We propose that in particular, cetylpyridinium chloride is a simple molecule that is cheap, safe, clinically approved, widely accessible in hospitals and the consumer sector and which could enter clinical trials immediately. If reported to have activity in vitro against SARS-CoV-2 subsequent delivery in the form of a mouthwash or nasal spray containing this compound may be an effective way both to combat the virus at its point of entry and reduce SARS-CoV-2 transmission. Similarly, this compound could be added to shampoo and body cleansers so that one could effectively bathe in low concentrations of this compound to destroy shed coronavirus. Cetylpyridinium chloride and many other quaternary ammonium compounds have already demonstrated their antiviral activity against a wide array of related coronaviruses as disinfectants and antiseptics, therefore they represent especially low hanging fruit for testing in humans. Due to their reported mechanisms they may also have much broader activity against viruses which could be useful to address future enveloped viruses. Certainly, additional studies may be warranted to assess potential drug-drug or drug-transporter interactions. This work may also point to other related compounds that could be utilized, or at least enable the generation of new antiviral compounds that leverage the quaternary ammonium substructural fragment as a potential warhead. As simple as it sounds, it is entirely possible that we should be looking in our bathroom cupboards, for potential remedies against COVID-19.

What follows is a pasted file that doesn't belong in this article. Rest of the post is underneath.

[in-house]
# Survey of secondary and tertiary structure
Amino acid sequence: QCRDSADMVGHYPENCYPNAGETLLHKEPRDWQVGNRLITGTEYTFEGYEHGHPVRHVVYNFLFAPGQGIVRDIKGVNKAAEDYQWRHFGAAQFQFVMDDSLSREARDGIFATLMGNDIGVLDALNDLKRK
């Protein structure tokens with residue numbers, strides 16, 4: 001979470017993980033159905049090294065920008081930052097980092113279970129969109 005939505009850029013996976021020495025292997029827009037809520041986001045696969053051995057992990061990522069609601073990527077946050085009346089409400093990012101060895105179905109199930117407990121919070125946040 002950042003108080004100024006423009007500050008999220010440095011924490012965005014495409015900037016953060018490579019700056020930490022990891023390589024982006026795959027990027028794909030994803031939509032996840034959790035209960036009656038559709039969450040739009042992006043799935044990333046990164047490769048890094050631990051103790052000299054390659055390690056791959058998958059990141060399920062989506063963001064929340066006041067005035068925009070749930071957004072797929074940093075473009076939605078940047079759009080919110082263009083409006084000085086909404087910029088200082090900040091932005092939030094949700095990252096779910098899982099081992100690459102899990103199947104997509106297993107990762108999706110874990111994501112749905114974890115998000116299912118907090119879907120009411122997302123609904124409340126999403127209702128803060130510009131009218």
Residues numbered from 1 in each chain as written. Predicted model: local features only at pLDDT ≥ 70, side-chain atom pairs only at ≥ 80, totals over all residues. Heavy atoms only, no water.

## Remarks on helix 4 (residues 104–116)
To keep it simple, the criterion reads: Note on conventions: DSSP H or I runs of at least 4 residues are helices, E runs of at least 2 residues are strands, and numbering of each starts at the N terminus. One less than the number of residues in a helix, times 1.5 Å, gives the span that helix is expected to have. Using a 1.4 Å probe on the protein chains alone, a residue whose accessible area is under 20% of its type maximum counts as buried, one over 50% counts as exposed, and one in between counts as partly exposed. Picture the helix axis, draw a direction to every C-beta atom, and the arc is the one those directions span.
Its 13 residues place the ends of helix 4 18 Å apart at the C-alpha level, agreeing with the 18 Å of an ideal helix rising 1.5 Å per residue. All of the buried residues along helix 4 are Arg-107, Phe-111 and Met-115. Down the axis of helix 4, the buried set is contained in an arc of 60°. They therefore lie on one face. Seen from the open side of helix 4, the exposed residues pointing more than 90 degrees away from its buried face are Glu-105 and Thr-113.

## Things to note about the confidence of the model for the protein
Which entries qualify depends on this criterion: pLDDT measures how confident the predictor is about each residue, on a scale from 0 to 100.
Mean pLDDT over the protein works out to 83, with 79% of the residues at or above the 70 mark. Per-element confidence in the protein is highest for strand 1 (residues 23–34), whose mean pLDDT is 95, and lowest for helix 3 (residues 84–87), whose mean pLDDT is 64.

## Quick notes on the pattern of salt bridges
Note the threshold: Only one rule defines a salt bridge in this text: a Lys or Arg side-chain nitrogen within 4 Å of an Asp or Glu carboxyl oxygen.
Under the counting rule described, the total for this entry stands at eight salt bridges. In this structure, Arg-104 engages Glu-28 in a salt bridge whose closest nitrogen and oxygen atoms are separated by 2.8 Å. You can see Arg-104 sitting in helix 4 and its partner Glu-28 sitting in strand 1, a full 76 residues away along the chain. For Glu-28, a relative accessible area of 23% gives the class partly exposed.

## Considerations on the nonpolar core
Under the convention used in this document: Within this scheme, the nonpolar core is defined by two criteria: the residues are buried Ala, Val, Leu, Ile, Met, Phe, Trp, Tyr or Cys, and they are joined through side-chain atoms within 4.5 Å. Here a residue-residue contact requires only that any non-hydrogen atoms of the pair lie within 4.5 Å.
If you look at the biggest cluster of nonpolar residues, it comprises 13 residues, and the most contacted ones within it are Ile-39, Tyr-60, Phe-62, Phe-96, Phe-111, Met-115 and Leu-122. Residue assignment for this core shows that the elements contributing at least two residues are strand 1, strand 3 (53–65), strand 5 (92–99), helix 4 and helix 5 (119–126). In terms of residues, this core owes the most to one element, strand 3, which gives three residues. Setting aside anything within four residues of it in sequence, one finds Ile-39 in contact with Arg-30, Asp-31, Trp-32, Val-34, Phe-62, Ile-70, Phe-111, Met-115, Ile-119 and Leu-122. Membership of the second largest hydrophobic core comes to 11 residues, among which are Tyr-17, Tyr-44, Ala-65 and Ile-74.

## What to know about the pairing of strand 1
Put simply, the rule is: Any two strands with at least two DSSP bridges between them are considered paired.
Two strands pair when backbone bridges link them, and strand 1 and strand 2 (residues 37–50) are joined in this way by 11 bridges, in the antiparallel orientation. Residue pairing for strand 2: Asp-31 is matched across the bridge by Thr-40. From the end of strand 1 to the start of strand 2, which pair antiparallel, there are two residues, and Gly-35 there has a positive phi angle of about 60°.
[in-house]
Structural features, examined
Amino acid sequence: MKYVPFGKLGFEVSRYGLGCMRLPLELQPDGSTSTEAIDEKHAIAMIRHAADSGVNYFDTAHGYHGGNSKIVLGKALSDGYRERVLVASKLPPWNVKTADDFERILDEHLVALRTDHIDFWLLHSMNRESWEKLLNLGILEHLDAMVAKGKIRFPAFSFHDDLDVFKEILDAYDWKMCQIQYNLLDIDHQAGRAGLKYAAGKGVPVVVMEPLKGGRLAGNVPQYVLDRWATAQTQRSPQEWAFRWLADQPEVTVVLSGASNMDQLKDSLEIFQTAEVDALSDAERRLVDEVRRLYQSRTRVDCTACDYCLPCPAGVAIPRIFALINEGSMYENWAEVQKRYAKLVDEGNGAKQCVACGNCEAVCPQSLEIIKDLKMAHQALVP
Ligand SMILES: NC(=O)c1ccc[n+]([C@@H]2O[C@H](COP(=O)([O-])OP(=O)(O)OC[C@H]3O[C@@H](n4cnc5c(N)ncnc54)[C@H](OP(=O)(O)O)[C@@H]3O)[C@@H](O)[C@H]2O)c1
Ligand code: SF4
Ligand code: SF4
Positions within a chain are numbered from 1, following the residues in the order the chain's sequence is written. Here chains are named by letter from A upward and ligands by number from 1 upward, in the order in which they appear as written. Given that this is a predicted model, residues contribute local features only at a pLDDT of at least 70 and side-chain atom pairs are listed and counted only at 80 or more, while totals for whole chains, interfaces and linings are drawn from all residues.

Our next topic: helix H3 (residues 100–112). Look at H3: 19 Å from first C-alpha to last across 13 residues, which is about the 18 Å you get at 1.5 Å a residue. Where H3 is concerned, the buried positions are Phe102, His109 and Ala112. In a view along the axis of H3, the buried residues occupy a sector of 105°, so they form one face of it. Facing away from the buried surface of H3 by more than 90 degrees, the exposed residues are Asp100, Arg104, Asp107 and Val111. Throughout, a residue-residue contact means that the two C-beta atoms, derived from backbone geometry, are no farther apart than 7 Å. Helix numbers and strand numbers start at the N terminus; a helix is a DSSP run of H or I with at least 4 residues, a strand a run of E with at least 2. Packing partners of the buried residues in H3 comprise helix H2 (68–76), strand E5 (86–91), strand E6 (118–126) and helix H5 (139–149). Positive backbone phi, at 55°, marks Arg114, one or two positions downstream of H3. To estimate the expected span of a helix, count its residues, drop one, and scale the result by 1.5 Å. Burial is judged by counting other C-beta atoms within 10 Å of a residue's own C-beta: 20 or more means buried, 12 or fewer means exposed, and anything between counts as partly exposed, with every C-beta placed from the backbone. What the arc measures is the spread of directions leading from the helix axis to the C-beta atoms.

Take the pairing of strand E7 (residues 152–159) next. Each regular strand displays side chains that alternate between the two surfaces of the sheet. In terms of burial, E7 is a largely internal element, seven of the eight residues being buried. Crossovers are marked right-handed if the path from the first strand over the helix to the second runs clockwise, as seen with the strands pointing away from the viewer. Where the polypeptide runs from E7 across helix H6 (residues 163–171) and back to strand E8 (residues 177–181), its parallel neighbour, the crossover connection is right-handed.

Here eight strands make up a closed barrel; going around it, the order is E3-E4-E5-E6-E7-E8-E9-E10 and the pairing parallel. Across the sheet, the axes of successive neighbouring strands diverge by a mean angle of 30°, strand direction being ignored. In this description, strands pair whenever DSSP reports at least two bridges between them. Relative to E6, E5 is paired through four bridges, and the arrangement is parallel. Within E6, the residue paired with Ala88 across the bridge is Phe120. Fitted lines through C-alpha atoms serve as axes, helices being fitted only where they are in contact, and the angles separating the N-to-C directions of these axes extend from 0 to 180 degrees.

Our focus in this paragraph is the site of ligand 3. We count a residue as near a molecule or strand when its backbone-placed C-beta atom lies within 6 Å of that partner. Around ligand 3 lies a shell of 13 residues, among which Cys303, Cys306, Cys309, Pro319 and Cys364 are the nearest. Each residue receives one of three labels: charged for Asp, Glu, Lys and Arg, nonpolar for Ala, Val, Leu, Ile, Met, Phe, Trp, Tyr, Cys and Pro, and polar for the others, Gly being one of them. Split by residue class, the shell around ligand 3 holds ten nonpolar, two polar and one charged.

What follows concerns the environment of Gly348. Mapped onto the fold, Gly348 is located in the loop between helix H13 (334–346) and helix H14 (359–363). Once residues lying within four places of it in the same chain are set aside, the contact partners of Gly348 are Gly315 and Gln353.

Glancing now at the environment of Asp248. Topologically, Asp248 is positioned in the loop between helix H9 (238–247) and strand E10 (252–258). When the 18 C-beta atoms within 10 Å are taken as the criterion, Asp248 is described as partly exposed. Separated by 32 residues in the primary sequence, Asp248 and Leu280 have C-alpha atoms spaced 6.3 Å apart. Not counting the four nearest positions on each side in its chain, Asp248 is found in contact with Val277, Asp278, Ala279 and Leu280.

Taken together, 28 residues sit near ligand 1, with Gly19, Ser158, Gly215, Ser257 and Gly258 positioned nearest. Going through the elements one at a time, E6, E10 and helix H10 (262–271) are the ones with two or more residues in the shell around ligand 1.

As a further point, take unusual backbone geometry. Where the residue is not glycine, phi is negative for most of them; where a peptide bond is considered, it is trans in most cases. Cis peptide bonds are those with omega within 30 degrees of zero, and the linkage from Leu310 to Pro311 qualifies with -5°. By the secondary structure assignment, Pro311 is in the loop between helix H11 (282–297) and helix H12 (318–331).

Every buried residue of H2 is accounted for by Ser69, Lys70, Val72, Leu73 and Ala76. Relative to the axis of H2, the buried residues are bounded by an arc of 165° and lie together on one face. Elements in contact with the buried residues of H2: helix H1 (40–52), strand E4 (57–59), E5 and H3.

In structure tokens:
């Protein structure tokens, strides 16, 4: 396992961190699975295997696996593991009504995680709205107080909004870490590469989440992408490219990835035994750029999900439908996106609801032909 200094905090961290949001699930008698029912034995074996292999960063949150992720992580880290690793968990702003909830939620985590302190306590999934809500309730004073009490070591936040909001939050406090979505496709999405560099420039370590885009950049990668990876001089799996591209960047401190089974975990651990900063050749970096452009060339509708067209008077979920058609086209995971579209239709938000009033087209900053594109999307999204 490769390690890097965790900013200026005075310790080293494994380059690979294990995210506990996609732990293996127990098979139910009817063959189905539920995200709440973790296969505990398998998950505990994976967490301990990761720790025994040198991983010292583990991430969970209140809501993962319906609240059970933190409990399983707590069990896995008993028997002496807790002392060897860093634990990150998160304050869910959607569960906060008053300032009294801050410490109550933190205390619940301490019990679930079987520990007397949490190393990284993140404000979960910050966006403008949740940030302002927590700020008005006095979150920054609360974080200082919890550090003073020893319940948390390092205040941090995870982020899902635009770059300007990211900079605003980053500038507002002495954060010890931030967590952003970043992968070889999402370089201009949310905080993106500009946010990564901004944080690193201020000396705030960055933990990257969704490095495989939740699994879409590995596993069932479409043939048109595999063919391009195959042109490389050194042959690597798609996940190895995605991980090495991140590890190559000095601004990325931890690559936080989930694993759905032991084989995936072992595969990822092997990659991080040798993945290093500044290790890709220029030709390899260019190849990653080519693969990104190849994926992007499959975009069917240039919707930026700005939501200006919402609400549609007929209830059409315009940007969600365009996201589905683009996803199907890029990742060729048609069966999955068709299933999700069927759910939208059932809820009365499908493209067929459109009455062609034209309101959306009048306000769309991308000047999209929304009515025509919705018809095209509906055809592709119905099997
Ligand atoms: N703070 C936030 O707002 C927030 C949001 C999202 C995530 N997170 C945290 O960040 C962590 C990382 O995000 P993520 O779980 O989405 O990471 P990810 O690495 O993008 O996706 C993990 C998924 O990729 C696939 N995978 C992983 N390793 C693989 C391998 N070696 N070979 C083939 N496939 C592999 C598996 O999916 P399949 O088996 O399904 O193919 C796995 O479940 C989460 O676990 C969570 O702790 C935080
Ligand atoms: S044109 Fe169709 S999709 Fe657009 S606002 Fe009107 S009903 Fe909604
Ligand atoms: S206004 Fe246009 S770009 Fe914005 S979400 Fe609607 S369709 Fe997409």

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This work has been reviewed at the US EPA and has been approved for publication. The views expressed in this publication are those of the authors and do not necessarily represent the views or policies of the United States Environment Protection Agency. Reference to commercial products or services does not constitute endorsement.


We kindly acknowledge NIH funding: R44GM122196-02A1 from NIGMS, R21TR001718 from NCATS and R43AT010585-01S1 from NCCAM (PI – Sean Ekins) and 1OT2TR002514–01 (Pi – Alexander Tropsha).

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Correspondence to Sean Ekins.

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SE is CEO and owner of Collaborations Pharmaceuticals. All other co-authors have no conflicts of interest.

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Baker, N., Williams, A.J., Tropsha, A. et al. Repurposing Quaternary Ammonium Compounds as Potential Treatments for COVID-19. Pharm Res 37, 104 (2020).

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Key words

  • ammonium chloride
  • antiseptic
  • cetylpyridinium chloride
  • SARS-CoV-2